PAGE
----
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Alder Stair Treads

Alder Stair TreadAlder is a rather plain white-to-straw coloured wood from the west coast of North America.

Its popularity is due to one flooring company from the west coast that retails a rustic grade flooring, some of which has been finished with black paint embedded in the knot holes and v-grooves to make an even more country-grade appearance particularly attractive to those individuals building a log home.

Like the hardwood flooring, alder lumber tends to have a few small tight knots, consistent with what I have seen in alder wood plank flooring. Knotty alder grade tending to be what is sold most often ..

Sometimes though, the small amount of wood available on the Eastern market can be entirely clear and quite boring in appearance. Thus hard to predict until the wood is purchased.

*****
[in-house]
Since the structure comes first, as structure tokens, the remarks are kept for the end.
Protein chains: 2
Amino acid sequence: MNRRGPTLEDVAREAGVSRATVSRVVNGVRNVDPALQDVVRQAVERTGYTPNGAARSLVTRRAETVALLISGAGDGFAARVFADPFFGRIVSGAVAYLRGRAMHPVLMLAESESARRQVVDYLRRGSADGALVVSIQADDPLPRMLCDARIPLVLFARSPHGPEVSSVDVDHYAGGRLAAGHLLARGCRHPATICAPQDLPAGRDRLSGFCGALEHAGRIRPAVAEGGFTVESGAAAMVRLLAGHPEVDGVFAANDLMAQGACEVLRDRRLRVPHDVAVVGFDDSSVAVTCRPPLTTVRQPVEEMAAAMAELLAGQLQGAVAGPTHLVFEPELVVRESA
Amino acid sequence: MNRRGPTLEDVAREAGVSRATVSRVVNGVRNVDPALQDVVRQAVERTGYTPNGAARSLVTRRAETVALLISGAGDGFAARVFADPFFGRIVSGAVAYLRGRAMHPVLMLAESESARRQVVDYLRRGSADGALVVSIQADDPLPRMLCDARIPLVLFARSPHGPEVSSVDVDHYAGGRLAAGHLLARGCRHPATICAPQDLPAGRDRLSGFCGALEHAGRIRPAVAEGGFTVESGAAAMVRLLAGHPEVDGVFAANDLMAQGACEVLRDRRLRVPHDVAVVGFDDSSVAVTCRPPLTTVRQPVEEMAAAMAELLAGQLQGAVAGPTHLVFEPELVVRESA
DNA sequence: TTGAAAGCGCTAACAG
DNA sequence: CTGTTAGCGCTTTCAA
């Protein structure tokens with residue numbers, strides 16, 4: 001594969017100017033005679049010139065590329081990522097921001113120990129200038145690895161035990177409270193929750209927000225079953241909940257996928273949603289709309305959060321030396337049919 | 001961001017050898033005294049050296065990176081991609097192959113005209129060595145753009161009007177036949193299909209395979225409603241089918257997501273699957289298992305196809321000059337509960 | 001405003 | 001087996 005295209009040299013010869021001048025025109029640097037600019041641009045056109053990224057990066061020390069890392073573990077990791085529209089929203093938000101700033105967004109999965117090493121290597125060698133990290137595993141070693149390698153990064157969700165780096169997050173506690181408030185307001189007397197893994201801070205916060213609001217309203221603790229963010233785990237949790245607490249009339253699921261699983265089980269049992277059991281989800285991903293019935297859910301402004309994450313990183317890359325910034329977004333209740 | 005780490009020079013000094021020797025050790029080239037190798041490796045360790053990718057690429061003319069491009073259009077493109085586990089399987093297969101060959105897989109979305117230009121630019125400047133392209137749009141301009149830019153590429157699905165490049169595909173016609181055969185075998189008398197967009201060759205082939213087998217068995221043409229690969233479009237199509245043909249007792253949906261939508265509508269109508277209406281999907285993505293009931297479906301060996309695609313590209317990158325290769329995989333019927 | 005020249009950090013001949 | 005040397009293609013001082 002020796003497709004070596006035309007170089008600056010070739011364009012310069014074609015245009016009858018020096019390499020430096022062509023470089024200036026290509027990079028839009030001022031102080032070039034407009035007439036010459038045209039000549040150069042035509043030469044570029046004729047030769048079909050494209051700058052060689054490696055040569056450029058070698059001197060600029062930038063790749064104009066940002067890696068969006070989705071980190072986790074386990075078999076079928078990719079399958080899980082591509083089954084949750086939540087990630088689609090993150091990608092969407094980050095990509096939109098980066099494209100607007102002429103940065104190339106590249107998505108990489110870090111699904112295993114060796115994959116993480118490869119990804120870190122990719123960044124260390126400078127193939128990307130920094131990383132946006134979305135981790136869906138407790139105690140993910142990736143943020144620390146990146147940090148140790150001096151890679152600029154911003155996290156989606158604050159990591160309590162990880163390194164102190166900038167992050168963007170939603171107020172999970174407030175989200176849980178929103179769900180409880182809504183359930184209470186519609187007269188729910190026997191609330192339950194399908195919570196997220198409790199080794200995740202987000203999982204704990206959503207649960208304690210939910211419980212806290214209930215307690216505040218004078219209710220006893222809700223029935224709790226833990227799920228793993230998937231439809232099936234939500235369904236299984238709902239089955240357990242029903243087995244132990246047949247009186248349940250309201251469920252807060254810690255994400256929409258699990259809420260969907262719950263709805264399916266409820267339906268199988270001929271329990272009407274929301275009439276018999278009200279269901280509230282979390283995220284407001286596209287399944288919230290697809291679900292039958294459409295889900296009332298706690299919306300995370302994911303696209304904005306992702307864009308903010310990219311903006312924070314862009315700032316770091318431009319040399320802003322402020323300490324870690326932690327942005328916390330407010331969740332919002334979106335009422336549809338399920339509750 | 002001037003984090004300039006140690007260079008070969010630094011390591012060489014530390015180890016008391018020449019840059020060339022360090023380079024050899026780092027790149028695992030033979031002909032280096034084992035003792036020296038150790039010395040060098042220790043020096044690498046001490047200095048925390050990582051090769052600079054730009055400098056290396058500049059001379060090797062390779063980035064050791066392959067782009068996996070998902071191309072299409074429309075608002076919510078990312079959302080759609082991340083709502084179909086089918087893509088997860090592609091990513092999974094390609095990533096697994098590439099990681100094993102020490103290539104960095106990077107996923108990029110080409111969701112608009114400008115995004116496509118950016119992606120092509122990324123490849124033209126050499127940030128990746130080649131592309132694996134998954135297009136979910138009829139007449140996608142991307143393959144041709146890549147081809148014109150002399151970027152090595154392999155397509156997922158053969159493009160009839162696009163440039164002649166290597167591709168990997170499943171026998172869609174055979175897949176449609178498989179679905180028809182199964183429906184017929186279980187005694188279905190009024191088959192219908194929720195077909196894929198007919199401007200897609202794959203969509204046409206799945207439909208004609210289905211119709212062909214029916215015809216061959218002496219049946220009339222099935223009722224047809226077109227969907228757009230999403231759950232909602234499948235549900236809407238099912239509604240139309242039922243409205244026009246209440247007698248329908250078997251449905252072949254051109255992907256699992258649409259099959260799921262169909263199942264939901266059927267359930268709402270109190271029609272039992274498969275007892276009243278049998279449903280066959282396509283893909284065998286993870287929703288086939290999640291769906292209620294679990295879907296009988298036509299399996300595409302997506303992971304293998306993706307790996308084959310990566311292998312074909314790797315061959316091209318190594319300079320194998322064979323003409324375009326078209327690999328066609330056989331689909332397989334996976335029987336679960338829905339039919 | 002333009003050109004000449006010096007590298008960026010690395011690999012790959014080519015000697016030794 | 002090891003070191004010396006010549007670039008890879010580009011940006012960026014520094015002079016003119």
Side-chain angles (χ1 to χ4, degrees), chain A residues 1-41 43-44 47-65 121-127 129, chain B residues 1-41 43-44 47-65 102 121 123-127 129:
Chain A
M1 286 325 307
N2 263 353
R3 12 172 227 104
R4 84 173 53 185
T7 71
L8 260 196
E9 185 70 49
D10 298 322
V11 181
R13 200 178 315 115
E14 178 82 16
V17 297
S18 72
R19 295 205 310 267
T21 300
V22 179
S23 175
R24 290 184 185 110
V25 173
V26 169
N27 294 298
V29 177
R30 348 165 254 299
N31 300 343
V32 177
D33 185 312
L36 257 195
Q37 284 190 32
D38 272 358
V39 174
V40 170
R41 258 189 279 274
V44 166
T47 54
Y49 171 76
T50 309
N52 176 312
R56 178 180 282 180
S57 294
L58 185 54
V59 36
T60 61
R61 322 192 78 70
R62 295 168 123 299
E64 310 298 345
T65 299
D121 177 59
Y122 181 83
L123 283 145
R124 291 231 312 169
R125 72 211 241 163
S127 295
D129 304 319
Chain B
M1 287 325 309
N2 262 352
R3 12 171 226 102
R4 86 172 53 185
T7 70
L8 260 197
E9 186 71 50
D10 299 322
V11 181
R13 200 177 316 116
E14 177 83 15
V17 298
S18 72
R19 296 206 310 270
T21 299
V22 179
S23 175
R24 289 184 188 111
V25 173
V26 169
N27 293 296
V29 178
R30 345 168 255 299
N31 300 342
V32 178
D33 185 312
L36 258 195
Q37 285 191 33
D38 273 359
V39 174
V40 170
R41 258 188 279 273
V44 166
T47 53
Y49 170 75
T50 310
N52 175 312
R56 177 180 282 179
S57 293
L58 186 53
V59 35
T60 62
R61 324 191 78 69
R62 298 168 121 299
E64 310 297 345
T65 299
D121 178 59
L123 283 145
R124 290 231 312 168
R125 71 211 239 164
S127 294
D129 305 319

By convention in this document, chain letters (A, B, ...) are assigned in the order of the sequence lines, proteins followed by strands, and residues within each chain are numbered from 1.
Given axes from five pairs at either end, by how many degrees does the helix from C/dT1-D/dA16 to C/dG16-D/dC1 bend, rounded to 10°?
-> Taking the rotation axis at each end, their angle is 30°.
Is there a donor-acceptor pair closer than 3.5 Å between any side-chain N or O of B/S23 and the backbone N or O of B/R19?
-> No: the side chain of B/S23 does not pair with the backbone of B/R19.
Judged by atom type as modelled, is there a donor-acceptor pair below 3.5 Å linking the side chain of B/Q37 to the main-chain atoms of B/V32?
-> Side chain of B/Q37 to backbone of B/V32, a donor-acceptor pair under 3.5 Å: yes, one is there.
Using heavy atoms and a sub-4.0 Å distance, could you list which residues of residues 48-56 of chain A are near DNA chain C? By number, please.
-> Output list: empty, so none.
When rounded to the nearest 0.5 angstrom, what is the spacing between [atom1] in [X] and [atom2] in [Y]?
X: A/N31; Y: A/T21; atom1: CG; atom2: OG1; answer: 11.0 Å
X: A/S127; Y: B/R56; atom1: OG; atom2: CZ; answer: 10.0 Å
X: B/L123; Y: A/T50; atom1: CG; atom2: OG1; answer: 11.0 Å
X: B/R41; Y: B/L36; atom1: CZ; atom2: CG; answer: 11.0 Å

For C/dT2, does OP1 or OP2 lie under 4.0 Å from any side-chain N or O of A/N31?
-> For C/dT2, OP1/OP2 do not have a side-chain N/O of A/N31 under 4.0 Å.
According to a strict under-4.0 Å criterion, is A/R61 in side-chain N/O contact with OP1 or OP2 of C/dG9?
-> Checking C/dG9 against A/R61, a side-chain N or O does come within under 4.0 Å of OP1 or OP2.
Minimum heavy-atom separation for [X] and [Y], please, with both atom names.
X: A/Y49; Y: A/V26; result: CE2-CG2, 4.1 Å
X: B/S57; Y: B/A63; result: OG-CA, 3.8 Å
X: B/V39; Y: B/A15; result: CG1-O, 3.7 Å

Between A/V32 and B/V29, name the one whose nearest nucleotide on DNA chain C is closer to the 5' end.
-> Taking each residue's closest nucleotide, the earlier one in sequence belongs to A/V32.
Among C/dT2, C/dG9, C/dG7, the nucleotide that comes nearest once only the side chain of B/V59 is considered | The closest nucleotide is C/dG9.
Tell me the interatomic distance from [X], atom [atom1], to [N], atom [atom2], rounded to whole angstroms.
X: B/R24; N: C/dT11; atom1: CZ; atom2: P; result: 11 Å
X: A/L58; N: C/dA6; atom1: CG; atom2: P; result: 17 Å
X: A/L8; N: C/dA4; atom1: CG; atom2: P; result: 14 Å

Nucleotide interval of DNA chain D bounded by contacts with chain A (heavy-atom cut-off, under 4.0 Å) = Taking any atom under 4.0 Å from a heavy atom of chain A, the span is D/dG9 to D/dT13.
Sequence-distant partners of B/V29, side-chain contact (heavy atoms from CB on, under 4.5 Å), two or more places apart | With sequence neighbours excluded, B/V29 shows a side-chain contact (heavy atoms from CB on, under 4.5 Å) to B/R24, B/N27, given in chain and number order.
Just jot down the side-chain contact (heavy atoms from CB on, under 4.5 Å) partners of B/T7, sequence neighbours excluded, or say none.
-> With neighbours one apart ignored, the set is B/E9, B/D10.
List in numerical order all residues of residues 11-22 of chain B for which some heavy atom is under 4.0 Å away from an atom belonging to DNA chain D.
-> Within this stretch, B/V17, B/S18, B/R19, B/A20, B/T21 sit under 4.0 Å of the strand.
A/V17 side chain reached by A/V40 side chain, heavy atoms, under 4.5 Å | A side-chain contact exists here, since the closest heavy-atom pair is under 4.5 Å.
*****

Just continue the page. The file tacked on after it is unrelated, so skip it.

The picture to the right of a set of stair treads was our first attempt at making Alder stair treads.

These treads were abused with a bicycle sprocket, hammer and chain, spray painted with black tremclad paint, then re sanded to distress the surface and leaving paint only in the dents. This treatment was rather aggressive to get something compatible with the flooring.

They were designed to match a 3" alder wood plank flooring from Antique Impressions, imported by Creative@Home Inc., Vancouver. (as in picture below)

Hardwood Flooring: Knotty Alder by Antique Impressions
Photo: Hardwood Flooring: Knotty Alder

Alder wood is typically only available in 1" rough lumber, thus we typically end up with 7/8" thick treads (not the standard 1" thickness). Very straight grain structure, with a number of small tight 1/2" knots common in this species. Rustic Grade Birch Plywood was used for the risers in the picture above.

Alder wood texture is quite stringy thus it usually requires an extra sanding after the grain raises on the first application of finish, particular with water based finishes.

If you are staining your alder stair treads a more traditional colour, I'd probably suggest using hard maple or birch. Both of these wood species are easier for us to acquire, thus cheaper and come in full thickness to make traditional 1" thick stair treads.


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